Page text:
8 May 2014

Image copyright AP
Image caption For three years the Old Cit of Homs echoed with the sound of gun and shellfire

Hundreds of rebels are evacuated from their last stronghold in the central Syrian city of Homs. The withdrawal from the Old City marks the end of three years of resistance in the city, once dubbed "the capital of the revolution". Much of Homs fell to the opposition in 2011, but over the next two years government forces gradually regained control by subjecting areas to continuous siege and bombardment.

10 June 2014

Image copyright Reuters
Image caption The capitulation of the military and rapid advances of Isis and its allies changed the balance of power in Iraq

Six months after seizing Falluja, Isis militants launch a major offensive in northern Iraq. They overrun the country's second largest city, Mosul, in only two days as 30,000 soldiers drop their weapons and flee. Emboldened, the jihadists advance southwards with the support of Sunni Arab tribesmen and other militant groups, seizing a series of towns, military bases and oil refineries before being stopped not far from the capital, Baghdad. Nouri Maliki rejects calls from Sunni Arabs, Kurds and fellow Shia Arabs to step aside as prime minister.

23 June 2014

The joint OPCW-UN mission announces that the removal of Syria's chemical weapons material is complete. It also says Syria has destroyed all declared production, mixing and filling equipment and munitions. In August, the US says all of the most hazardous chemical agents have been destroyed on board a cargo vessel, the MV Cape Ray. The remaining chemicals will be destroyed at Finnish and British facilities.

29 June 2014

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Media captionIS footage purportedly shows a bulldozer merging the areas it has seized, as Frank Gardner reports

Isis declares it has established a "caliphate" in the territory it controls, stretching from Aleppo in north-western Syria to the eastern Iraqi province of Diyala. The group says its leader, Abu Bakr al-Baghdadi, will be known as Caliph Ibrahim and it will be renamed the Islamic State (IS).

1 August 2014

Image copyright Reuters
Image caption Arsal was briefly overrun by militants from neighbouring Syria, sparking clashes with Lebanese troops

A deadly battle erupts between the Lebanese army and jihadist militants from Syria after they seize the Lebanese border town of Arsal in response to the arrest of one of their commanders. Dozens of people are killed before a ceasefire is negotiated and the militants withdraw. Arsal is home to tens of thousands of the 1.1 million Syrian refugees in Lebanon.

2 August 2014

IS fighters push further into northern Iraq, overwhelming lightly-armed Kurdish Peshmerga forces that had moved into areas abandoned by the Iraqi army. The town of Sinjar is overrun and the strategically important Mosul Dam, which supplies water and electricity to much of Iraq, is seized, and get within 40km (25 miles) of Irbil, the capital of Iraqi Kurdistan.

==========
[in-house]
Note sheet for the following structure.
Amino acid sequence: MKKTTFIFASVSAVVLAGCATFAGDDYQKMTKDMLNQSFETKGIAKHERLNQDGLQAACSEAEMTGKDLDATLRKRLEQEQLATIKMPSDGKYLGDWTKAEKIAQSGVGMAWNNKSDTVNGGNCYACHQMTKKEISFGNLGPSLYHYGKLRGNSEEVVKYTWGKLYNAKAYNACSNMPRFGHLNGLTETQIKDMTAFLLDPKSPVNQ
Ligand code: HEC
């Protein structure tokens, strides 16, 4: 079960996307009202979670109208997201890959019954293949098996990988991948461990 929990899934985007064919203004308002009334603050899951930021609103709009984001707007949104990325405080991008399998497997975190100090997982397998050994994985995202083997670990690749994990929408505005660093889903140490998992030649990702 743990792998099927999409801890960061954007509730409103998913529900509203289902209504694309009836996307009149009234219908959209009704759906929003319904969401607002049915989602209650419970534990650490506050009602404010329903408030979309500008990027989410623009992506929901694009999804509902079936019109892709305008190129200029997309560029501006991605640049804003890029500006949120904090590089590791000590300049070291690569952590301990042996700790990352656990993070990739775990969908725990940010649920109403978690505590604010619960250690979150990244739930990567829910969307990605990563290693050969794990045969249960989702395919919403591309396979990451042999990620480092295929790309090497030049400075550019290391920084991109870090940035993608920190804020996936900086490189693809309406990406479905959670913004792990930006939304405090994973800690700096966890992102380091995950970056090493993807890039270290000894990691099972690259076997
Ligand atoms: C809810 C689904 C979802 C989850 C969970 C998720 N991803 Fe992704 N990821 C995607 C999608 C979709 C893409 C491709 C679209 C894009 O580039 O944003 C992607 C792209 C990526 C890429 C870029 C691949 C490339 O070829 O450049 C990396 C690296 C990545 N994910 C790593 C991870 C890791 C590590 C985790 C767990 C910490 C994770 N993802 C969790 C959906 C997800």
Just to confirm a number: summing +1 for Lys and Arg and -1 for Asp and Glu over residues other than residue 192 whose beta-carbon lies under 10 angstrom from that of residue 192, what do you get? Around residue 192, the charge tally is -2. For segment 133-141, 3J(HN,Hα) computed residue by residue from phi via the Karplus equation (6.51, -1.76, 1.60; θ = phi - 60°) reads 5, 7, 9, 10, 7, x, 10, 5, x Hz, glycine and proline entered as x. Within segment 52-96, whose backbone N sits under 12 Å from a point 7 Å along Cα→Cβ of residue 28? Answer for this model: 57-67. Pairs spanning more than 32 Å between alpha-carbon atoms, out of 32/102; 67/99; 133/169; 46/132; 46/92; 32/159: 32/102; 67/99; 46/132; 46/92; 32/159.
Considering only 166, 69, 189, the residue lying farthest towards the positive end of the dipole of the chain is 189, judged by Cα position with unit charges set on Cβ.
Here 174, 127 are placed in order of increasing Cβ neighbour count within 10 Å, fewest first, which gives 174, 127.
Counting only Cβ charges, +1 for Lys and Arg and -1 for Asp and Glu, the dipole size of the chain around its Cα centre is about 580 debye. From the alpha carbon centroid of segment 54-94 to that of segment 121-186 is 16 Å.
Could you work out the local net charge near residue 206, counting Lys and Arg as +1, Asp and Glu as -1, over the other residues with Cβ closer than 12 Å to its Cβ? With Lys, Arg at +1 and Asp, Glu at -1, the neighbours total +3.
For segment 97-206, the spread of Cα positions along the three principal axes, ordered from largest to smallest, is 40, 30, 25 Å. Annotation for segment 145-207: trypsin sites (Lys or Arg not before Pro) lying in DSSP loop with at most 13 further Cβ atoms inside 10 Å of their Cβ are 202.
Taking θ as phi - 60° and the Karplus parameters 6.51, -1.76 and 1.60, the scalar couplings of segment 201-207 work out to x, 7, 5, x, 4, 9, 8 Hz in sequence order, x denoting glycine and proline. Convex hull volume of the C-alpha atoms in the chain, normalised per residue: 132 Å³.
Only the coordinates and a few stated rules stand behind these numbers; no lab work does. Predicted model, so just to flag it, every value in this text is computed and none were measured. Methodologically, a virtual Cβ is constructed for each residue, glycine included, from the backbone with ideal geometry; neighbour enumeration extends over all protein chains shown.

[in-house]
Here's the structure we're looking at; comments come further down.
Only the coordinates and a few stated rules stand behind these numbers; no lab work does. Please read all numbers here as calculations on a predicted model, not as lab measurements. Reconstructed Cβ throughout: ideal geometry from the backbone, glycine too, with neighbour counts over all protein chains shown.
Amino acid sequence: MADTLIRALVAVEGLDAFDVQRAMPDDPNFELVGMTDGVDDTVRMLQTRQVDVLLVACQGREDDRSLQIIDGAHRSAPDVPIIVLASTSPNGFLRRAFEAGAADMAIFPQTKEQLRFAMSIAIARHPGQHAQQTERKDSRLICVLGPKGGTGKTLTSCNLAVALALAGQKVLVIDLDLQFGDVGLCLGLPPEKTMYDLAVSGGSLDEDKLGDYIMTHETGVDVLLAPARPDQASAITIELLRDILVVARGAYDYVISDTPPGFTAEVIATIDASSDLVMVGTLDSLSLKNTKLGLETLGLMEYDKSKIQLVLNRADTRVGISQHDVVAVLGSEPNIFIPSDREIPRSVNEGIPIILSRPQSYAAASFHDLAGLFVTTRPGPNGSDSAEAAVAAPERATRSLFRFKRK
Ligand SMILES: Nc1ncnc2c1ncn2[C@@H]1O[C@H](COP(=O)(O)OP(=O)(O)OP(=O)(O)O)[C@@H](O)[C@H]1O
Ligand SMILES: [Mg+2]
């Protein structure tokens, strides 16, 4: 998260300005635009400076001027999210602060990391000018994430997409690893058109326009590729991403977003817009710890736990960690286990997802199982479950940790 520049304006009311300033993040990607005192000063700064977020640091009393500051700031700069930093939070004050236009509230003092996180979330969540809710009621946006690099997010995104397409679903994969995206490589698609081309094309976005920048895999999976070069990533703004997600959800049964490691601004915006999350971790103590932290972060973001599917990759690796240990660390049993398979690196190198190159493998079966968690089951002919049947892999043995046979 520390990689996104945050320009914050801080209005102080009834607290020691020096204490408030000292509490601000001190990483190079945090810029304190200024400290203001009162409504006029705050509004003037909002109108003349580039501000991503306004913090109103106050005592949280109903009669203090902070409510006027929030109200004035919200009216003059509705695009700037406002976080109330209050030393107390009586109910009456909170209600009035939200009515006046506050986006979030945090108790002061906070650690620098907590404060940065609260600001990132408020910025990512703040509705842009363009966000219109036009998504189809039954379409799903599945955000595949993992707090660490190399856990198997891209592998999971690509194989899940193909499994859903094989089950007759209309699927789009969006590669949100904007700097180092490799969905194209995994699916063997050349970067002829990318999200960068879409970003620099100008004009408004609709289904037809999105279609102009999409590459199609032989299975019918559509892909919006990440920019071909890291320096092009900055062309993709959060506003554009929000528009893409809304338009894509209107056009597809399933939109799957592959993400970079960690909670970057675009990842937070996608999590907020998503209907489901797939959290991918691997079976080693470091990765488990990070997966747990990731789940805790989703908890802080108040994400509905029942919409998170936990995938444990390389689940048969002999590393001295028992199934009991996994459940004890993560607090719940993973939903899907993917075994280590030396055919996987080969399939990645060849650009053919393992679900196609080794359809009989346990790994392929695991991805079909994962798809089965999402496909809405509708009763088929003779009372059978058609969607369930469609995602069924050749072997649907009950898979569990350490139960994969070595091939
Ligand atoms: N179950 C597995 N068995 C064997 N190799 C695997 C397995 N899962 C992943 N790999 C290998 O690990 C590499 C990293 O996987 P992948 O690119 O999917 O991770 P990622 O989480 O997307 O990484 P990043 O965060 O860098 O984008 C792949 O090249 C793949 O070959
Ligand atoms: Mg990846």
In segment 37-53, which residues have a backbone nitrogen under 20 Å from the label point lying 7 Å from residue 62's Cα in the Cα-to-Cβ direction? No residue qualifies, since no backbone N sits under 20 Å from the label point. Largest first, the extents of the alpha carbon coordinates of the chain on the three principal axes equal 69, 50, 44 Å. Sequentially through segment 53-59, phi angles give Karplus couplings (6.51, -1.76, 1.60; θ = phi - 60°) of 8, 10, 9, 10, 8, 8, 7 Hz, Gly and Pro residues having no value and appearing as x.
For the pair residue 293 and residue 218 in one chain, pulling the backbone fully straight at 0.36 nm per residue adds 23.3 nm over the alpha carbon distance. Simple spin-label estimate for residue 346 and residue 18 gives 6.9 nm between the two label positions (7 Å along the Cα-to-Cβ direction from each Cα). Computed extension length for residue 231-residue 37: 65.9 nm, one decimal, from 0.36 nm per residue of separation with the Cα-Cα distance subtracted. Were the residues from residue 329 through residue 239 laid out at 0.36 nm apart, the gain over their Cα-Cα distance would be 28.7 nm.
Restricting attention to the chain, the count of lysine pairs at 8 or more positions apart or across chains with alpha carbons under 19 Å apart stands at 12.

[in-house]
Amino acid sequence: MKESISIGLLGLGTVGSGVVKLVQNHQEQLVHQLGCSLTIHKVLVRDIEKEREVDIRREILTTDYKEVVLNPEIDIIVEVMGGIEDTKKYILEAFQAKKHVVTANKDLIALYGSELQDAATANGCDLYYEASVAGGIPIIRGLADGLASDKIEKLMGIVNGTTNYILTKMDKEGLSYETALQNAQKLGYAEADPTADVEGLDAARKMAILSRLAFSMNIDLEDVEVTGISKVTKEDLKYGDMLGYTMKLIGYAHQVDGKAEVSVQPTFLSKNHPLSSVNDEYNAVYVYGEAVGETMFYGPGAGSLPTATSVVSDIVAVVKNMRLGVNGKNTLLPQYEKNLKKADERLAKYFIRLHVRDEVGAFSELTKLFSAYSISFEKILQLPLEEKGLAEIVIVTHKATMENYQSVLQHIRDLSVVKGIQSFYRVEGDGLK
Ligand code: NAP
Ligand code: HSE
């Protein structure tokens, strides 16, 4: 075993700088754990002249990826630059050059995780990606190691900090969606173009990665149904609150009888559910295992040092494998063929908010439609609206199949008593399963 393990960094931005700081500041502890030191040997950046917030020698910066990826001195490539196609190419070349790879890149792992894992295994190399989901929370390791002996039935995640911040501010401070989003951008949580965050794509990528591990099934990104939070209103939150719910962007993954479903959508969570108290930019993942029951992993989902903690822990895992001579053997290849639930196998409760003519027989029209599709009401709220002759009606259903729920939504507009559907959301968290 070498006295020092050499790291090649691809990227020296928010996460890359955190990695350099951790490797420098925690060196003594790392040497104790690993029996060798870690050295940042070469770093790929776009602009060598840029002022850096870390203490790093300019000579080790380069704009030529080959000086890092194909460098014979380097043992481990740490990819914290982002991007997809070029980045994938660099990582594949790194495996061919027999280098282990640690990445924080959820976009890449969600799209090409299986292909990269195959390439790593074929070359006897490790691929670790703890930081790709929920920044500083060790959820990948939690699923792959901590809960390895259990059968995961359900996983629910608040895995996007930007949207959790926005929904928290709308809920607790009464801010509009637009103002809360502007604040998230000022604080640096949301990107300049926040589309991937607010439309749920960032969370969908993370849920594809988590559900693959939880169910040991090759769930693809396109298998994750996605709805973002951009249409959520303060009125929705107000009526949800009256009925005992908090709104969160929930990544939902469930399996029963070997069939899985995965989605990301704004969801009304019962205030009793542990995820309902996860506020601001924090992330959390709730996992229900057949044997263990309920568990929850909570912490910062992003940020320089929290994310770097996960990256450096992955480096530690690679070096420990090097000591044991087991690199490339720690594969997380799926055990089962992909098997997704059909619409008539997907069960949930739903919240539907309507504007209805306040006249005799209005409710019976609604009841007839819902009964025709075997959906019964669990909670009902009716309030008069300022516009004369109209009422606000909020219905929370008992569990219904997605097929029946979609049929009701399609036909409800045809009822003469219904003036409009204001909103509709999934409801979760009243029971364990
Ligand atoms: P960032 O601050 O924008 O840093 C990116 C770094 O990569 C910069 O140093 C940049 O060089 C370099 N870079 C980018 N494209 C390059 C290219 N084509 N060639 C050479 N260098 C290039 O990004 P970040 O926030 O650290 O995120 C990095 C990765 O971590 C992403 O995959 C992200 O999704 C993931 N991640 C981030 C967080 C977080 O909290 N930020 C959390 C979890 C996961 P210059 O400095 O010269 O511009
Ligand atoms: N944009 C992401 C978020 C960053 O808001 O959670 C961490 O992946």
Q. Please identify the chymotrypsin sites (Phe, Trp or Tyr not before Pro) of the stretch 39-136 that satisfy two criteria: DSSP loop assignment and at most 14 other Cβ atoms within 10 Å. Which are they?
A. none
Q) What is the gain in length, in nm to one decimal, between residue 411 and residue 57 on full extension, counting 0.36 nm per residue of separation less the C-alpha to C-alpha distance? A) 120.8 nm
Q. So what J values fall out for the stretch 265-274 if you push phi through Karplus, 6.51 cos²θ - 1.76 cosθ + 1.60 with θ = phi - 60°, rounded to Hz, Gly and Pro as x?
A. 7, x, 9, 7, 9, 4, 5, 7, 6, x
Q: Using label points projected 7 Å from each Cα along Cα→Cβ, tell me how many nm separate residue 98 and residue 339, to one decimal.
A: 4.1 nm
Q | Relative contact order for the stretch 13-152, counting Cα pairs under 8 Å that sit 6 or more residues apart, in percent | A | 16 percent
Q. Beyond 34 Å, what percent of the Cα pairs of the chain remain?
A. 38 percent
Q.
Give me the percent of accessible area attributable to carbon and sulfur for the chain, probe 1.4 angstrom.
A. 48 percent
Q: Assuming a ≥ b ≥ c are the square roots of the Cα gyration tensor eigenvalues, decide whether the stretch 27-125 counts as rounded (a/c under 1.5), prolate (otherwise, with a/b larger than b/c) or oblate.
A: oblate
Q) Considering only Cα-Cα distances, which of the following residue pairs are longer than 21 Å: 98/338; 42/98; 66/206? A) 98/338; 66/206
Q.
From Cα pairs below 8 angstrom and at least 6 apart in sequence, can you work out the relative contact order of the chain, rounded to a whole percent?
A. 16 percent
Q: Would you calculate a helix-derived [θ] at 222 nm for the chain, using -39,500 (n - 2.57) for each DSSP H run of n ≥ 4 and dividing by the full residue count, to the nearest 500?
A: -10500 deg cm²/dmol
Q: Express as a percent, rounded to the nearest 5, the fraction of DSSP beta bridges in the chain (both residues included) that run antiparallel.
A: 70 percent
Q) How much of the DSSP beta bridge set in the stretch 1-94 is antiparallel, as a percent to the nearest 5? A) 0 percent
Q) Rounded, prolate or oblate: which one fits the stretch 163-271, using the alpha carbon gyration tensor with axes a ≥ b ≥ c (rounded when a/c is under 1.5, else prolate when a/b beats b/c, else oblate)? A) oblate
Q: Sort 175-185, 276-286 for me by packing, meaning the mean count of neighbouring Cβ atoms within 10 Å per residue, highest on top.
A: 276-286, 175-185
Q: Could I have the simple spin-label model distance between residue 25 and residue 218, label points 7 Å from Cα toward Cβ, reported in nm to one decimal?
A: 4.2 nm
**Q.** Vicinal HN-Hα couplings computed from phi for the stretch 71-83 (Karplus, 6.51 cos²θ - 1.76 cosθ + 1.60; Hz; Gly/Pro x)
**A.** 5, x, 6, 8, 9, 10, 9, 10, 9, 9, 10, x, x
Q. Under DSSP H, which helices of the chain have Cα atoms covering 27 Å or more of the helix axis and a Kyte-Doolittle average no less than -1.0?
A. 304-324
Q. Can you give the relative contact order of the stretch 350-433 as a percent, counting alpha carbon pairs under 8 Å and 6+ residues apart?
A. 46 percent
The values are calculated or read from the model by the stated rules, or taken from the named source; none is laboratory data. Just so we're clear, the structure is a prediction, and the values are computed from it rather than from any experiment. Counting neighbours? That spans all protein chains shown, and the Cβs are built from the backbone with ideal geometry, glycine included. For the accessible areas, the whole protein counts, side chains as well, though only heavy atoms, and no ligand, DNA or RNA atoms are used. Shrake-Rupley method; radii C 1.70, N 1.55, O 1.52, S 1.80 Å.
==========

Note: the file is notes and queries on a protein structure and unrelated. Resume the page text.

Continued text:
Image copyright Reuters
Image caption People from Yazidi religious minority fled to Mount Sinjar after Islamic State fighters took a nearby town

Tens of thousands of people flee their homes, particularly members of religious minorities. Some 50,000 Yazidis become trapped on Mount Sinjar without food or water, triggering an international aid operation.

8 August 2014

The US launches air strikes against IS militants near Irbil and around Mount Sinjar, its first direct involvement in a military operation in Iraq since American troops withdrew in late 2011.

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Media captionThe BBC's Paul Wood met with civilians who have had their lives destroyed by the crisis

11 August 2014

Iraq's Shia Deputy Speaker of Parliament, Haidar al-Abadi, is asked by the country's president to form a new government including leaders of all religious, ethnic and political factions. The move is initially rejected by Nouri Maliki, but he agrees to step down after Iran makes clear he has lost its support. Tribal sheikhs and clerics from Iraq's Sunni heartland offer Mr Abadi conditional backing.

13 August 2014

Islamic State militants launch an offensive in north-western Syria, capturing several villages and moving to within 50km (30 miles) of opposition-controlled suburbs of the city of Aleppo and within striking distance of key rebel positions leading to the Turkish border.

18 August 2014

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Media captionThe BBC's Jim Muir looks at why the dam is so important

Supported by US air strikes, Iraqi troops and Peshmerga fighters retake the Mosul dam. US President Barack Obama confirms the US is beginning a long-term strategy to help defeat Islamic State.

20 August 2014

Image copyright AFP
Image caption James Foley went missing after being seized in Syria in 2012

Islamic State publishes online a video showing the killing of James Foley, an American journalist who was abducted in northern Syria in 2012. The group says his death is revenge for the US military intervention in Iraq. The group is believed to be holding as many as 20 foreign hostages.